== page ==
At least we can now do some work but we have to await a fix before we can send it off.

This is my second call to Adobe support in a month – the other was a registration problem on an other program – in that case I had had a drive fail and needed to re-install Photoshop which you can’t do because you can’t unregister the old version because the drive failed. A delicious Catch 22 situation which took about an hour longer to sort out than it should have.

In summary, Adobe support is pretty pitiful most of the time and add the overhead of subscription software that has checks that if you can’t meet them can result in your software not running is just a bit scary.

Right now I’ll be days behind on a project. I paid an assistant to sit and listen to me try to sort out the software he was supposed to be working on and I lost an afternoon of my own work. Way to go Adobe!

Update #1 – Adobe breaks Master Collection

Ok, so a few days after my first experience with Captivate being unusable (because it is a trial version and any content you make is time limited) help came back to me. They tinkered with my machine for around a half hour and pronounced the problem fixed.  For my inconvenience they credited my $19 a month subscription with 4 days credit – wow. thank you Adobe – what, to you is around the cost of a Starbucks coffee is for me hours of lost time and wages paid to an assistant who can’t do what he is paid to do.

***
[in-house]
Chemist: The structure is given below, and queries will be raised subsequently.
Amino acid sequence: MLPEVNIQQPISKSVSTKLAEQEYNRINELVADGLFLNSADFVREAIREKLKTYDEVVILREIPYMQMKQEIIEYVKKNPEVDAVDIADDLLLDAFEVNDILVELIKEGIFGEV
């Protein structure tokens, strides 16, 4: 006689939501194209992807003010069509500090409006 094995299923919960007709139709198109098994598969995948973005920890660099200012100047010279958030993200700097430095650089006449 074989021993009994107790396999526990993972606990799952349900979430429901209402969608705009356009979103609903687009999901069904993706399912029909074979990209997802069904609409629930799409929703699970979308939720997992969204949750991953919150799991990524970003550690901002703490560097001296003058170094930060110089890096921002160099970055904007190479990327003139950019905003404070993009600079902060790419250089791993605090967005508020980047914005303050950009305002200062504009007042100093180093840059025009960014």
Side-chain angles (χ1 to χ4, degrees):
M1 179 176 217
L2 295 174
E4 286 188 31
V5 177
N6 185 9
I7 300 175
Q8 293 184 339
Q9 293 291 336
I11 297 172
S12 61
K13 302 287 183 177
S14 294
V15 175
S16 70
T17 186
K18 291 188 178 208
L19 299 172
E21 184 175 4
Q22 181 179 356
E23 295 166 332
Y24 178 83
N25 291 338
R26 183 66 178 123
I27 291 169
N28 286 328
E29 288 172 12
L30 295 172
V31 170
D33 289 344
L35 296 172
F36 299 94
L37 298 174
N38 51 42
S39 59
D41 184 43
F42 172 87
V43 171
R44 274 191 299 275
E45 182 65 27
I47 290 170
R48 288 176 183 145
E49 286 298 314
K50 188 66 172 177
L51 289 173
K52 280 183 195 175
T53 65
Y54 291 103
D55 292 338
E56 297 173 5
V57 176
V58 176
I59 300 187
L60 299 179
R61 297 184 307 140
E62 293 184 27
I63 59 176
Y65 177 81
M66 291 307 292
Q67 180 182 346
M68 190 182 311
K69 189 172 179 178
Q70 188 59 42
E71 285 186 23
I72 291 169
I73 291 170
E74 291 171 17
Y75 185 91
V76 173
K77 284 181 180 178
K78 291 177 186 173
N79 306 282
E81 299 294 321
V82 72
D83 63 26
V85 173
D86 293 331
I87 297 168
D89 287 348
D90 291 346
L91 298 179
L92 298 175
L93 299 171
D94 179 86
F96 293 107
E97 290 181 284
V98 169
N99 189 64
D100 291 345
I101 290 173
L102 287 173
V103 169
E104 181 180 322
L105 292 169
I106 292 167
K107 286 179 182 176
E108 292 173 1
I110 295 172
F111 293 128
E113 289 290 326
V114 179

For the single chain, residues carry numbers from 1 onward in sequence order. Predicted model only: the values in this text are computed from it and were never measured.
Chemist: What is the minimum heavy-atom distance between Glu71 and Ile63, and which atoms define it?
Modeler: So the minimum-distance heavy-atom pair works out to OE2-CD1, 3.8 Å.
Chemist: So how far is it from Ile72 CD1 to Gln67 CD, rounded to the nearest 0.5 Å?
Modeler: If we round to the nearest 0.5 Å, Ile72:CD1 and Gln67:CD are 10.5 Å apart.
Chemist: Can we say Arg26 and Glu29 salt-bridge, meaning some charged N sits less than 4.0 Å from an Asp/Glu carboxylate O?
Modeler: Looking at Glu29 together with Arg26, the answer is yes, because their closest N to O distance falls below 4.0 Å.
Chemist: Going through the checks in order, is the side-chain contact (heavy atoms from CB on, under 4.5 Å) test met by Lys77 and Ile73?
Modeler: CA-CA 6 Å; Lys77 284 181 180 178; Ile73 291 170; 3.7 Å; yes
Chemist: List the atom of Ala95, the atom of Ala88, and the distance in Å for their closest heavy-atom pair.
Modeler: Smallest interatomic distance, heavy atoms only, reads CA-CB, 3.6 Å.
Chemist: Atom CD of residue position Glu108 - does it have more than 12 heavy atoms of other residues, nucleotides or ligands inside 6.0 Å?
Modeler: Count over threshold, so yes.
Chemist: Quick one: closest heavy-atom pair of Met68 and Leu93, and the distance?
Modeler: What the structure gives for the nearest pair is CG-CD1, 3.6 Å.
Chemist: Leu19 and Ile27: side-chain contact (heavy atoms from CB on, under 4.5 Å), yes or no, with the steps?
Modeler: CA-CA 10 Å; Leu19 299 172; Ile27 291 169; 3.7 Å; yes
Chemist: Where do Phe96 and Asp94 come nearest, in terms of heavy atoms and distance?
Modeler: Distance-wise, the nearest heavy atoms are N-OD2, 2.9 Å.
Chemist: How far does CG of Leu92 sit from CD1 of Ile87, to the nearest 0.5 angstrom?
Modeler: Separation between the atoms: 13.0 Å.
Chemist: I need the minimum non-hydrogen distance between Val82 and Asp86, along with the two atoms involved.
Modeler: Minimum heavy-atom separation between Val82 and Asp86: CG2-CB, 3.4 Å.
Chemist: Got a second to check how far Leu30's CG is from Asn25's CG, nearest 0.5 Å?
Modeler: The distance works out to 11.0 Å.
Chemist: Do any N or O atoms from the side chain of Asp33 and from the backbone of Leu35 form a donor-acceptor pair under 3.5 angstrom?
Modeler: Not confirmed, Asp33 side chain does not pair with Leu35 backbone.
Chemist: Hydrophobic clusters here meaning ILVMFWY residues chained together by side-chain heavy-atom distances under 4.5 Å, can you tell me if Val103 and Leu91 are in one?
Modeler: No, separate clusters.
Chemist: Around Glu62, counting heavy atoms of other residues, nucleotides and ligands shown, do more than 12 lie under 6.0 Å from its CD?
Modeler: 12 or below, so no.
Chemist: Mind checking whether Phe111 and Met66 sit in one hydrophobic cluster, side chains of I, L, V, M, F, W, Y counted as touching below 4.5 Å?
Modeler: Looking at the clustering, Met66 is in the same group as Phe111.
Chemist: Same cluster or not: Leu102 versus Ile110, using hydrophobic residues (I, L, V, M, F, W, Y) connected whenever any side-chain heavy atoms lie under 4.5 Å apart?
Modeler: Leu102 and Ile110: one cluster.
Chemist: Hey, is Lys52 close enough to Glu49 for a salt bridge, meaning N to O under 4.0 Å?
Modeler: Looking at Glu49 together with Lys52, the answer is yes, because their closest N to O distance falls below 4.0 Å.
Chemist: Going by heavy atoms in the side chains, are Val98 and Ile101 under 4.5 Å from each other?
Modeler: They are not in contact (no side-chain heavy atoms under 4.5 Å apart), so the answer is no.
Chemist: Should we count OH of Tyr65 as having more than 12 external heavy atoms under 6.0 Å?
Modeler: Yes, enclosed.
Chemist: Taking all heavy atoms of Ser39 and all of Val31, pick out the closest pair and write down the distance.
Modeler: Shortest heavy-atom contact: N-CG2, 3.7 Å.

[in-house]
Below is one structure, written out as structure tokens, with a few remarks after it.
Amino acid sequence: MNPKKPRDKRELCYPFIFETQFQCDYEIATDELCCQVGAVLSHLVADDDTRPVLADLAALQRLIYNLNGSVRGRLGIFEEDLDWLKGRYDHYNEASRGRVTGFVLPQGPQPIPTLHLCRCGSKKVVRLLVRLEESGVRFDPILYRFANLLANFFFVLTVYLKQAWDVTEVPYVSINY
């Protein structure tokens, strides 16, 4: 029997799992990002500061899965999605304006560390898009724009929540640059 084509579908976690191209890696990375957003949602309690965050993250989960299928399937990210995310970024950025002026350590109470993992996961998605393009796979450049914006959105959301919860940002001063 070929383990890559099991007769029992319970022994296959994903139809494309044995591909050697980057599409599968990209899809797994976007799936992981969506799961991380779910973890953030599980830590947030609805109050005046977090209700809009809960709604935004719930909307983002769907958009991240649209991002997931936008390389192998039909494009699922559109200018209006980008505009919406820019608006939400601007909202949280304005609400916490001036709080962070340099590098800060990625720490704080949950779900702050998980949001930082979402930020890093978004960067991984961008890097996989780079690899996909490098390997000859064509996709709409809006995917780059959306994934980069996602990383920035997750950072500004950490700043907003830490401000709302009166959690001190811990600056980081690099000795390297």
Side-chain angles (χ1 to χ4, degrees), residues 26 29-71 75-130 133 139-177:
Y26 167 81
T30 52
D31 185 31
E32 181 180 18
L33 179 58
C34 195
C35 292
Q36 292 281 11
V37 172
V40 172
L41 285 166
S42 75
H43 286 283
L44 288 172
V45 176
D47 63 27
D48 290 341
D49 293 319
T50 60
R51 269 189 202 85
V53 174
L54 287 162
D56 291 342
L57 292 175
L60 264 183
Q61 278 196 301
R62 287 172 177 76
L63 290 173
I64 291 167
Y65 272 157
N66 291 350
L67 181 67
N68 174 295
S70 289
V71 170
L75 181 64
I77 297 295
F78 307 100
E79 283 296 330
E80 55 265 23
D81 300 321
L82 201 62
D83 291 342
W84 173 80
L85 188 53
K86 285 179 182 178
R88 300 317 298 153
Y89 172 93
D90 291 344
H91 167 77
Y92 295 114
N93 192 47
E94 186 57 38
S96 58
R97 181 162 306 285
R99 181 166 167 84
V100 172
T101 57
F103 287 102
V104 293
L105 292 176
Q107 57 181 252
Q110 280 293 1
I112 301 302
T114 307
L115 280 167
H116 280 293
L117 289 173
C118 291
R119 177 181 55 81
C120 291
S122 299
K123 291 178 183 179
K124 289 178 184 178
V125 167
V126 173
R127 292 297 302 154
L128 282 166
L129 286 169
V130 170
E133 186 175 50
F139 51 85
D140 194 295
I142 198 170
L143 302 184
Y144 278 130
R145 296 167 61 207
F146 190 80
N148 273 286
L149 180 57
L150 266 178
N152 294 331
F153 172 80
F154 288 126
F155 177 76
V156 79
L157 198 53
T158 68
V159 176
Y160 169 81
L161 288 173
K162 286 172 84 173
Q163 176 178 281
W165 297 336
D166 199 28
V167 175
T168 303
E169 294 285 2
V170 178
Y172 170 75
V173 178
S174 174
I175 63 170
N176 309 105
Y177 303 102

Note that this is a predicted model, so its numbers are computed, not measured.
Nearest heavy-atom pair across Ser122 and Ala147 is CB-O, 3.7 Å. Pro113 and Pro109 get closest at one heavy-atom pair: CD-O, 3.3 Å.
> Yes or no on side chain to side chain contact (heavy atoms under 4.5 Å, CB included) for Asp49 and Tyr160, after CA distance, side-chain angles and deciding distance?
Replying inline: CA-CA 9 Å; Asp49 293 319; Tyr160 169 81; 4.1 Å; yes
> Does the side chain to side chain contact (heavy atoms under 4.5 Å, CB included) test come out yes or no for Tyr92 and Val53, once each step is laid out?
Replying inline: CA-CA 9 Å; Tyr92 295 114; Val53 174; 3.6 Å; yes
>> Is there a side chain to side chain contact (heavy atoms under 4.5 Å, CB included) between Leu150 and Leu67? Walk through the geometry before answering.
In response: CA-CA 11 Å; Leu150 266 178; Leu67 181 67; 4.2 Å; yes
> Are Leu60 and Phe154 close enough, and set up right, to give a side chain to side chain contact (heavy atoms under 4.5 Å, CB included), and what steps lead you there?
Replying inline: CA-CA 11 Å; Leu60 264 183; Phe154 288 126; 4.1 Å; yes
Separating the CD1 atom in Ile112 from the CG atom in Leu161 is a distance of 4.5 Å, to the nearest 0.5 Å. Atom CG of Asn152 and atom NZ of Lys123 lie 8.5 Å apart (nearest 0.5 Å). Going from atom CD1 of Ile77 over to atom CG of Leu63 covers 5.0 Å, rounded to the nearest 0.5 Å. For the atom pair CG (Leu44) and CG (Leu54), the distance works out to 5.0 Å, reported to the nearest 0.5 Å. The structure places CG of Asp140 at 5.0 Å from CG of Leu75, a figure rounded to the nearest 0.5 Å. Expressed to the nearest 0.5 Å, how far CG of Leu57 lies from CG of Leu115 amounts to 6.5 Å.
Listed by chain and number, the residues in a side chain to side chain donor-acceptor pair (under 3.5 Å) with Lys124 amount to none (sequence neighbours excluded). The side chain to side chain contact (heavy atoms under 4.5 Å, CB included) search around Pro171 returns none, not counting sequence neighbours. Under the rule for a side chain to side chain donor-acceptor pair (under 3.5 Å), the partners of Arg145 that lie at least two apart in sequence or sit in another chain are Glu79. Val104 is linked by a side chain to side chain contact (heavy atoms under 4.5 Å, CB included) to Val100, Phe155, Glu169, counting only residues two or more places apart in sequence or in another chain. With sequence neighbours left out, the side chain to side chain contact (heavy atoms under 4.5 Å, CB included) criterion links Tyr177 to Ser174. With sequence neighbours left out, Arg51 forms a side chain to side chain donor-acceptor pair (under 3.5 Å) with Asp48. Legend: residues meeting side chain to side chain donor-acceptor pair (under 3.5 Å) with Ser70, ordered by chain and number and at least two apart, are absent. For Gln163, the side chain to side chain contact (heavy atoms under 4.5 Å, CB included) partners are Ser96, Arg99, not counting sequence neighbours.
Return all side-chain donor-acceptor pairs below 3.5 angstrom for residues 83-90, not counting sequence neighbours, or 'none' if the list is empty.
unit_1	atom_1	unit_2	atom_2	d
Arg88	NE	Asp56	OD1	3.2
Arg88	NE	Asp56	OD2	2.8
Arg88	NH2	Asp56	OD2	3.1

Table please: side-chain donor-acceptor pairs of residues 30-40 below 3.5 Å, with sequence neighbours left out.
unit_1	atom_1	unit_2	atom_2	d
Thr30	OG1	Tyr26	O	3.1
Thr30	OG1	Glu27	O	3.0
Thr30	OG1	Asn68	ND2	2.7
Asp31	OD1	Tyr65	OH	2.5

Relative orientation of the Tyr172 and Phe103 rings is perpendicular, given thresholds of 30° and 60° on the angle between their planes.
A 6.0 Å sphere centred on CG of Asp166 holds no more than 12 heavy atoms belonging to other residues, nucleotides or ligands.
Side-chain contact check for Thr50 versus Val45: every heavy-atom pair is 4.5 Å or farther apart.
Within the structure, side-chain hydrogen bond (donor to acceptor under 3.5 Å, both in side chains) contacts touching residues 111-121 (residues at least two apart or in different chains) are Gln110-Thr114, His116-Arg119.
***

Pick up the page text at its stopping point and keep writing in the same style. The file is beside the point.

Now, the next time my assistant comes to work after this, Captivate is, thankfully working just fine. However, he preps his stuff in Photoshop and – he tells me with horror – his Photoshop Master Collection just switched to Trial Mode. Seems that the Support folk in turning Captivate into a trial managed to turn eveyr piece of Adobe software into a trial version – Photoshop, Illustrator, Dreamweaver – the list goes on.

Now luckily none of those programs are ‘cut down’ versions when they are trials so I spent 30 days ignoring the problem. The problem of course was that when support made my master suite a trial version they didn’t unregister the software so I couldn’t re-register it because I had already used my 2 installs! Whew.. it takes effort just to understand the mess much less try to explain it to someone. And overall, my feeling was that I needed a dose of Adobe support like I needed root canal!